For the third straight game they are either even or in the black. Just as in game one their numbers are extraordinary.
Game 4. Scoring chances with Bergman on - 10-10 ES, 0-0 PP, 0-0 SH.
Park and Bergman are not as good as they have been but their numbers are either in the black or even.
Game 5. Scoring chances with Bergman on - 3-9 ES, 2-0 PP, 0-0 SH.
The carnage is widespread. The normally reliable Park and Bergman are bloodied.
Game 6. Scoring chances with Bergman on - 3-0 ES, 1-0 PP, 1-2 SH.
On the blueline all three pairs contribute but its a sign of the Canadian strength that the pair that he leaned on early in the Series, Park and Bergman, are now relied on a little less. They do get the five on three duty but its Savard and Lapointe who get the PK minutes in the third, including at the end of the game.

For all three pairs the game is fantastic really. Its a tribute to their work and that of the forwards as well that while the Russians spend plenty of time in the Canadian zone (Savard and Lapointe's Corsis are in the red, Bergman and Park barely in the black) they don't generate anything in the way of scoring chances. Bergman and Park are not on for one chance against at evens. The Soviets can't break down the Canadian defence and are left to lobbing pucks at Dryden from the perimeter (sometimes not a bad idea - the first goal is a long shot which I did not rate as a chance).
Game 7. Scoring chances with Bergman on - 1-1 ES, 0-0 PP, 0-1 SH.
The score is close in this game but almost across the board the Canadians own the Russians at even strength. Sinden basically runs out five man units although not exclusively. The Clarke line goes out with Savard and Lapointe and generally get the tough matchup. Ratelle goes out with Stapleton and White. Esposito with Park and Bergman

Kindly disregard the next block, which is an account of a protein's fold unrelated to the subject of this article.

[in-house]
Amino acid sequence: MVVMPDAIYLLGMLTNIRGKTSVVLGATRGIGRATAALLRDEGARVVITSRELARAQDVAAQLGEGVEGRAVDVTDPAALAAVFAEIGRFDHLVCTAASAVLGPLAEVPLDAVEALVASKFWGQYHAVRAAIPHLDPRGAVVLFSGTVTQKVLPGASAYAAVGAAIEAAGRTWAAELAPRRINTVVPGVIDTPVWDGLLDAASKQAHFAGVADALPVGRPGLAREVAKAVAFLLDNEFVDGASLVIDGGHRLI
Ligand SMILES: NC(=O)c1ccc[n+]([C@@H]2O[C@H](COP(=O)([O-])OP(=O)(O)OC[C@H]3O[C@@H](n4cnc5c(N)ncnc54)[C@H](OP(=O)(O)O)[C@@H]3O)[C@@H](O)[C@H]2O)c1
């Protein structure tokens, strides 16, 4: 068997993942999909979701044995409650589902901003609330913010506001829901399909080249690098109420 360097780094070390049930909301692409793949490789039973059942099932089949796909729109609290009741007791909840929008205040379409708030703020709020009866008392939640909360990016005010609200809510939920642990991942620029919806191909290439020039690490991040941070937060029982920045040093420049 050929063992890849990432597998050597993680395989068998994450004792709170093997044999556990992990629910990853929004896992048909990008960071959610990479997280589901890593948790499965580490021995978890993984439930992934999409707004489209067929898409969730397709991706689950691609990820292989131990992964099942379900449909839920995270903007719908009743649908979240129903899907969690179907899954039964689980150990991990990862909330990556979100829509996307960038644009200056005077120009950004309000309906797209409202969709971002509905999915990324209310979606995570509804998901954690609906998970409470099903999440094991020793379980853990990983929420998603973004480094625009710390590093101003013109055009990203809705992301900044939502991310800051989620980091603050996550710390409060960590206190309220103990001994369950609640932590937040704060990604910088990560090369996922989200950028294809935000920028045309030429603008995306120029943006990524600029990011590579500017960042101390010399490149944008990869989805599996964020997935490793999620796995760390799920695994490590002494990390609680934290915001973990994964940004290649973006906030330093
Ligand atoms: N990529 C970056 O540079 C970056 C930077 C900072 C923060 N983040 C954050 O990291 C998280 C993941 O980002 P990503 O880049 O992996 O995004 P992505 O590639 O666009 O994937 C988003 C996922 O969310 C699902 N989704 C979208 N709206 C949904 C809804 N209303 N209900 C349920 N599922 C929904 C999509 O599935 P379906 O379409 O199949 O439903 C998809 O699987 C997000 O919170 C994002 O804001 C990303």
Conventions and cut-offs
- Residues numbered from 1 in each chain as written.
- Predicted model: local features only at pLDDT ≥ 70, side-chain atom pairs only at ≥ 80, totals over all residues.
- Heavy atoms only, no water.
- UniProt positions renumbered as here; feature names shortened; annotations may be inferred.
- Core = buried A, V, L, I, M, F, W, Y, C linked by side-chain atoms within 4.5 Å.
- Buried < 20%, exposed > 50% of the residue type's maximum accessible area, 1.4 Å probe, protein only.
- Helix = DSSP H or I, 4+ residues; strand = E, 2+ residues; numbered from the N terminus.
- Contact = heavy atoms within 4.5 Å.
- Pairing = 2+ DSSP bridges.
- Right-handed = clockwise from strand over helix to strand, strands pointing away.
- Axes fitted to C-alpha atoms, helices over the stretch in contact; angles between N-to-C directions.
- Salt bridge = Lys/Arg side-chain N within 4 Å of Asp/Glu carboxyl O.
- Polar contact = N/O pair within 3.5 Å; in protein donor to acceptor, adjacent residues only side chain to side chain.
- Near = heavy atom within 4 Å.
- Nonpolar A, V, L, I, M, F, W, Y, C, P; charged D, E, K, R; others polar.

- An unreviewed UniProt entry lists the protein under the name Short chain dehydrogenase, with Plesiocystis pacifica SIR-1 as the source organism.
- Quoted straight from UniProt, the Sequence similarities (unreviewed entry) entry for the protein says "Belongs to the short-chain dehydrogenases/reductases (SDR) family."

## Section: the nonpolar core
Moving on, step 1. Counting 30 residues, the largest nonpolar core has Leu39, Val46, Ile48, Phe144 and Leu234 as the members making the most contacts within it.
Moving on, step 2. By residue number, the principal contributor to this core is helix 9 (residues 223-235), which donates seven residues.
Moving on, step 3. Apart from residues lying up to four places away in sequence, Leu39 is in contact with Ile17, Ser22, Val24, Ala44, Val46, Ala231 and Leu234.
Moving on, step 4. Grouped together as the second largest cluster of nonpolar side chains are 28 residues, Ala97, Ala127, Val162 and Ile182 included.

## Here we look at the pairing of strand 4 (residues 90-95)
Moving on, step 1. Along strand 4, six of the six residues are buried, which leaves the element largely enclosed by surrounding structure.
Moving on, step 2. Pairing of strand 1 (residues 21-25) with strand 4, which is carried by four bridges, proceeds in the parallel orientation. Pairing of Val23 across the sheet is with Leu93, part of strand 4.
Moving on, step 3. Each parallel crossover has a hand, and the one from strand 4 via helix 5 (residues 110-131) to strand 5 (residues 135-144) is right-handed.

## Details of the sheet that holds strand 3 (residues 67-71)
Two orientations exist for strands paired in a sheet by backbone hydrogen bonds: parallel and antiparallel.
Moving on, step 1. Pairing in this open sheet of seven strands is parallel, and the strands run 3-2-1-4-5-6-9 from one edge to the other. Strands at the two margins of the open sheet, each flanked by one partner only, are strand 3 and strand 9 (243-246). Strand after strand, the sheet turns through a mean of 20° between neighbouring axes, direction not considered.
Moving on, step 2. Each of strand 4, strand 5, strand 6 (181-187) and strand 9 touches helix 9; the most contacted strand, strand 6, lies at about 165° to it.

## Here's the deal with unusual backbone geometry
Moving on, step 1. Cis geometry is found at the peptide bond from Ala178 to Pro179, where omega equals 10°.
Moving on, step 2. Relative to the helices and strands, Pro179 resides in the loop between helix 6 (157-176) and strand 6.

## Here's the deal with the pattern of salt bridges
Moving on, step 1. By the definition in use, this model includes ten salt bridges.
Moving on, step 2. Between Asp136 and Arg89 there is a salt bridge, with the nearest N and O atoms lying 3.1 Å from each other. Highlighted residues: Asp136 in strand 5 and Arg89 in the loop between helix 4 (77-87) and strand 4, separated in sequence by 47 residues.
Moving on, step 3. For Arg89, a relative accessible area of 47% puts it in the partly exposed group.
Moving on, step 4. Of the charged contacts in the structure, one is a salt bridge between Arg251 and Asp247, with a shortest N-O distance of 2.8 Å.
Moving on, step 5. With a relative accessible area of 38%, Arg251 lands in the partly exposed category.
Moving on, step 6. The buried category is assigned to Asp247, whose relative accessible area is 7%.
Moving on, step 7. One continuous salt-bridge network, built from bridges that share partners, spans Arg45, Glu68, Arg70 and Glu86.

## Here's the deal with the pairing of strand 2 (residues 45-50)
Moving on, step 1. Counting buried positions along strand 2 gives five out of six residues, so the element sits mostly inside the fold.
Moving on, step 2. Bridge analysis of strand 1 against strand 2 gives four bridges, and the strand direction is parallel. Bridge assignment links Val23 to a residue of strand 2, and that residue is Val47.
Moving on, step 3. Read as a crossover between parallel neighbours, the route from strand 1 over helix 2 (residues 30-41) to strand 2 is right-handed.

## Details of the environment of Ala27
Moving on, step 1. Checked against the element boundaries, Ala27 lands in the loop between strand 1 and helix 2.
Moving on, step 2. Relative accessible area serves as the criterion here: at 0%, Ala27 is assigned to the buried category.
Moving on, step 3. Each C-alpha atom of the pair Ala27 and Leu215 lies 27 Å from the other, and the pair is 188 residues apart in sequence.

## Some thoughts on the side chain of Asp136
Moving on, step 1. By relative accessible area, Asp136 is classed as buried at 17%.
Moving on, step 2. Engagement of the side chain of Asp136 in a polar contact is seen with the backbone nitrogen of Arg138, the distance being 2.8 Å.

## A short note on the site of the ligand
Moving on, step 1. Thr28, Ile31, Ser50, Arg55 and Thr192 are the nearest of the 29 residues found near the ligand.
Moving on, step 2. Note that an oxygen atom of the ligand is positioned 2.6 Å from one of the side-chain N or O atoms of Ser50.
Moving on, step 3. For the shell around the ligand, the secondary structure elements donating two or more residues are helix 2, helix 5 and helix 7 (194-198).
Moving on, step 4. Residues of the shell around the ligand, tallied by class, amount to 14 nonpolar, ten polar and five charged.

Game 8. Scoring chances with Bergman on - 11-2 ES, 0-0 PP, 0-3 SH.
On the back end Park and Bergman are excellent, only two SC against at ES, although one ends up in the net when Park blows his coverage on a draw. Still, an outstanding night.
Overall numbers for Bergman - 51 scoring chances for and 33 against at even strength. 8 for and 0 against on the power play, 1 for and 12 against while shorthanded.

Total Canada numbers - 171 scoring chances for and 125 against at even strength, 30 for and 6 against on the power play, 7 for and 27 against while shorthanded.

Overpass scouting report

I couldn't find much on Bergman's style of offense. But I watched him in the 1972 Summit Series. Here's what I saw of his play there, particularly his play with the puck.

Moves quickly and confidently with the puck, but isn't particularly creative. Makes the safe play with the puck when pressured, either up the boards or to his partner - he doesn't dangle forwards like his partner Park. He's a fast straight-ahead skater, and when he gets some space in front of him he doesn't hesitate to take that space and rush the puck. He also jumps up to join the rush as a fourth trailing skater when he has room - he doesn't hang back. Not a stay-at-home guy but not a creative offensive player.

Plays the power play sometimes. Nothing fancy - holds the point well, moves the puck quickly or throws it at the net. He played the power play less as the Series went on and Sinden figured out he had better options.

Last edited by overpass: 03-07-2011 at 01:05 PM.